However, the housing market continues to drag on the recovery, as falling house prices nationwide continue to weigh down household wealth and consumer spending, and the wide number of unsold and foreclosed homes driving down demand.
In addition, recent increases in oil-and-gasoline prices are weakening consumer confidence, even as Fed officials maintained that price spikes there are not indicative of broader long-term inflation gaining steam.
"Business contacts in a variety of industries had expressed concern that consumers might pull back if gasoline prices rose significantly further and persisted at those elevated levels," the minutes stated.
Nonetheless, Fed officials believe the economic recovery is on track and poised to continue to make gradual gains in the upcoming months. Businesses reported to Fed officials their confidence in the recovery was building, and some had plans to expand hiring or production to meet rising demand from consumers.
On the jobs front, officials on the FOMC did note that much of the recent drop in the unemployment rate came from job-seekers dropping out of the job market altogether. Nonetheless, they agreed that employment gains seemed to be on the rise, and surveys of business contacts showed many employers planned to increase hiring in the coming months.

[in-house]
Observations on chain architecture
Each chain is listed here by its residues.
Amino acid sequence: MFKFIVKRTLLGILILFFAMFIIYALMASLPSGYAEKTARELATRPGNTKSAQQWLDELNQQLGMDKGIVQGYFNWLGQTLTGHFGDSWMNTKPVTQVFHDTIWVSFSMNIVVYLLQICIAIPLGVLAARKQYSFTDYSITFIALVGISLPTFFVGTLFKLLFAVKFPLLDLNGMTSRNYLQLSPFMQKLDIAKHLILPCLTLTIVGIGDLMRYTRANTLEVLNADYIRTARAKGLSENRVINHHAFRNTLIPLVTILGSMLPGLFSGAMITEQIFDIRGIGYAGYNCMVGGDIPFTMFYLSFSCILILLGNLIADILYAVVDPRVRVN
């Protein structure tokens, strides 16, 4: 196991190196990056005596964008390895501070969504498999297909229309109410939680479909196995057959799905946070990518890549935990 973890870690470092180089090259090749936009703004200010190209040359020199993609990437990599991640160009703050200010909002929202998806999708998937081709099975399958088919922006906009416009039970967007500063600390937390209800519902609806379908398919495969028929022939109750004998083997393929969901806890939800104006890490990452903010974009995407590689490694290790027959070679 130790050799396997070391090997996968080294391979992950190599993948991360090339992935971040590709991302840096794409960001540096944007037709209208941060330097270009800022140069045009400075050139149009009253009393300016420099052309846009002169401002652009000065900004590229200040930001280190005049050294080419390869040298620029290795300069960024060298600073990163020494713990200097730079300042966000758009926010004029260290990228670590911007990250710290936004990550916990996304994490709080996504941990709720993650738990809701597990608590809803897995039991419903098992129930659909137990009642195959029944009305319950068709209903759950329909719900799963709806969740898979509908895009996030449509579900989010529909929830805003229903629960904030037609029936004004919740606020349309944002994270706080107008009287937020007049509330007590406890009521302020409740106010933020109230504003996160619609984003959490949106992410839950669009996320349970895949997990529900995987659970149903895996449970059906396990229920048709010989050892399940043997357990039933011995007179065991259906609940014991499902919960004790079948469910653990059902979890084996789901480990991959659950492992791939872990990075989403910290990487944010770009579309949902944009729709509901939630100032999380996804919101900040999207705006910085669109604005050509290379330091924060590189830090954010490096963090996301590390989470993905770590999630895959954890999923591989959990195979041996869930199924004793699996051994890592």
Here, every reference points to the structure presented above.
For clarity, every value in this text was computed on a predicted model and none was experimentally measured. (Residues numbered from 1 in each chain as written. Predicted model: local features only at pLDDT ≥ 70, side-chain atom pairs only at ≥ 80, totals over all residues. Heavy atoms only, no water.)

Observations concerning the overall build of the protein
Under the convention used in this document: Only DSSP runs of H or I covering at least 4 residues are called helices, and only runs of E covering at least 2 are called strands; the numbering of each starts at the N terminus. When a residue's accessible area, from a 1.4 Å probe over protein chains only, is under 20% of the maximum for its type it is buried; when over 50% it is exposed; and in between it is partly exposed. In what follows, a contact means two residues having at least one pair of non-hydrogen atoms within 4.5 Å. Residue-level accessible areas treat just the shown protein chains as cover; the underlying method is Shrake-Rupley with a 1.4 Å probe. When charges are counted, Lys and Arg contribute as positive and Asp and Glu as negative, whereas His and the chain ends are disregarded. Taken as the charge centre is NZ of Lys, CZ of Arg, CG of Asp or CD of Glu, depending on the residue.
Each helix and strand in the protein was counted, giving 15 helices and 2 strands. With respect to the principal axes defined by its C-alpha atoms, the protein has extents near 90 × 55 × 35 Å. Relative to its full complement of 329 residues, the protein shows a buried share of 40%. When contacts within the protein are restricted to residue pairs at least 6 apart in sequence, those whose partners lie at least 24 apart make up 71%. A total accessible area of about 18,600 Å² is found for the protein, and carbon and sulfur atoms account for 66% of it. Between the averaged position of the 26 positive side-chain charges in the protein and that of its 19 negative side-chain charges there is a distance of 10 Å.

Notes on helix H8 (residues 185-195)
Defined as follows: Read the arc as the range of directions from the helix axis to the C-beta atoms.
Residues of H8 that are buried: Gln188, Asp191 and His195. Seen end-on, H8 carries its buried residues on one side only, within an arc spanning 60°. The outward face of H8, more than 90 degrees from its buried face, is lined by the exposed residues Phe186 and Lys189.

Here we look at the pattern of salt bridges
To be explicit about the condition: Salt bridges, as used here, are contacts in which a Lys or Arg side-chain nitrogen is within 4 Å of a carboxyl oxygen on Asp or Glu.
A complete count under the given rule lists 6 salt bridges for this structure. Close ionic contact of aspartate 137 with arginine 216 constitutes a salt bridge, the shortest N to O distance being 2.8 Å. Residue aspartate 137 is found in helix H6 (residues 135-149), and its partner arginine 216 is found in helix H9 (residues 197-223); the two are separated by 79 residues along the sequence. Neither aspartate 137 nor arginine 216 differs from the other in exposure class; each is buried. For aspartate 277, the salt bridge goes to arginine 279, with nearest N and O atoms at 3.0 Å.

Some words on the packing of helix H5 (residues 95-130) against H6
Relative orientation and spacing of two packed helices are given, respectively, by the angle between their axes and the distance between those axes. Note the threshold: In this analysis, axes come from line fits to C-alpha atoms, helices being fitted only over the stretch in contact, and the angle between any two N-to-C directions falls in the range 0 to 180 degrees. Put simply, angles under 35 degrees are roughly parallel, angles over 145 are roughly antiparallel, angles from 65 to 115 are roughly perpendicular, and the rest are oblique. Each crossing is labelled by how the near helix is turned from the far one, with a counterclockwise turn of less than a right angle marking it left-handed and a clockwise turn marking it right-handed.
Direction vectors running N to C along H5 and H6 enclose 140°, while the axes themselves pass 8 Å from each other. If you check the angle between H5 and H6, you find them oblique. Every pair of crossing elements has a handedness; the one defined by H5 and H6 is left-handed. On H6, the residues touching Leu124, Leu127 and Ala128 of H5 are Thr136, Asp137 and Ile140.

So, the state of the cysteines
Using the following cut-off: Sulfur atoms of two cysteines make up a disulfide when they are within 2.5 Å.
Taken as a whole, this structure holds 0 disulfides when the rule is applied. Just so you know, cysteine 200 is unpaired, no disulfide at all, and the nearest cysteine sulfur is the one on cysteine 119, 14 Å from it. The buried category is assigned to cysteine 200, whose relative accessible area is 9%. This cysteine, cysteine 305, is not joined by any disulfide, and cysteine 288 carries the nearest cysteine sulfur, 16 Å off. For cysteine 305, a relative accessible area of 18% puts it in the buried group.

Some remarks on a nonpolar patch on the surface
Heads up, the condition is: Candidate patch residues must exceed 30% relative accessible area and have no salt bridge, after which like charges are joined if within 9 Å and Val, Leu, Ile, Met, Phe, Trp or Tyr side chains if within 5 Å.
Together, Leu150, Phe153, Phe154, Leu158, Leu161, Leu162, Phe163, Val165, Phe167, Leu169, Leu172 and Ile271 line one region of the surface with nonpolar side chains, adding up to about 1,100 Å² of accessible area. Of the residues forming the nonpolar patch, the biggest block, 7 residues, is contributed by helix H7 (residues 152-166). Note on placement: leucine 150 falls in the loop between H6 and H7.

Having Bernanke regularly brief the press could help the FOMC explain its policy decisions and how it is working to meet its dual mandate of price stability and maximum employment, officials said.
The minutes also indicate that Fed officials discussed whether the central bank should begin to taper off its purchases of Treasury bonds as it neared the end of its second round of quantitative easing in the summer to avoid jarring the financial markets once the purchases stopped. However, officials ultimately concluded that the market did not appear to need that accommodation, and there was near universal agreement that no slowdown was needed.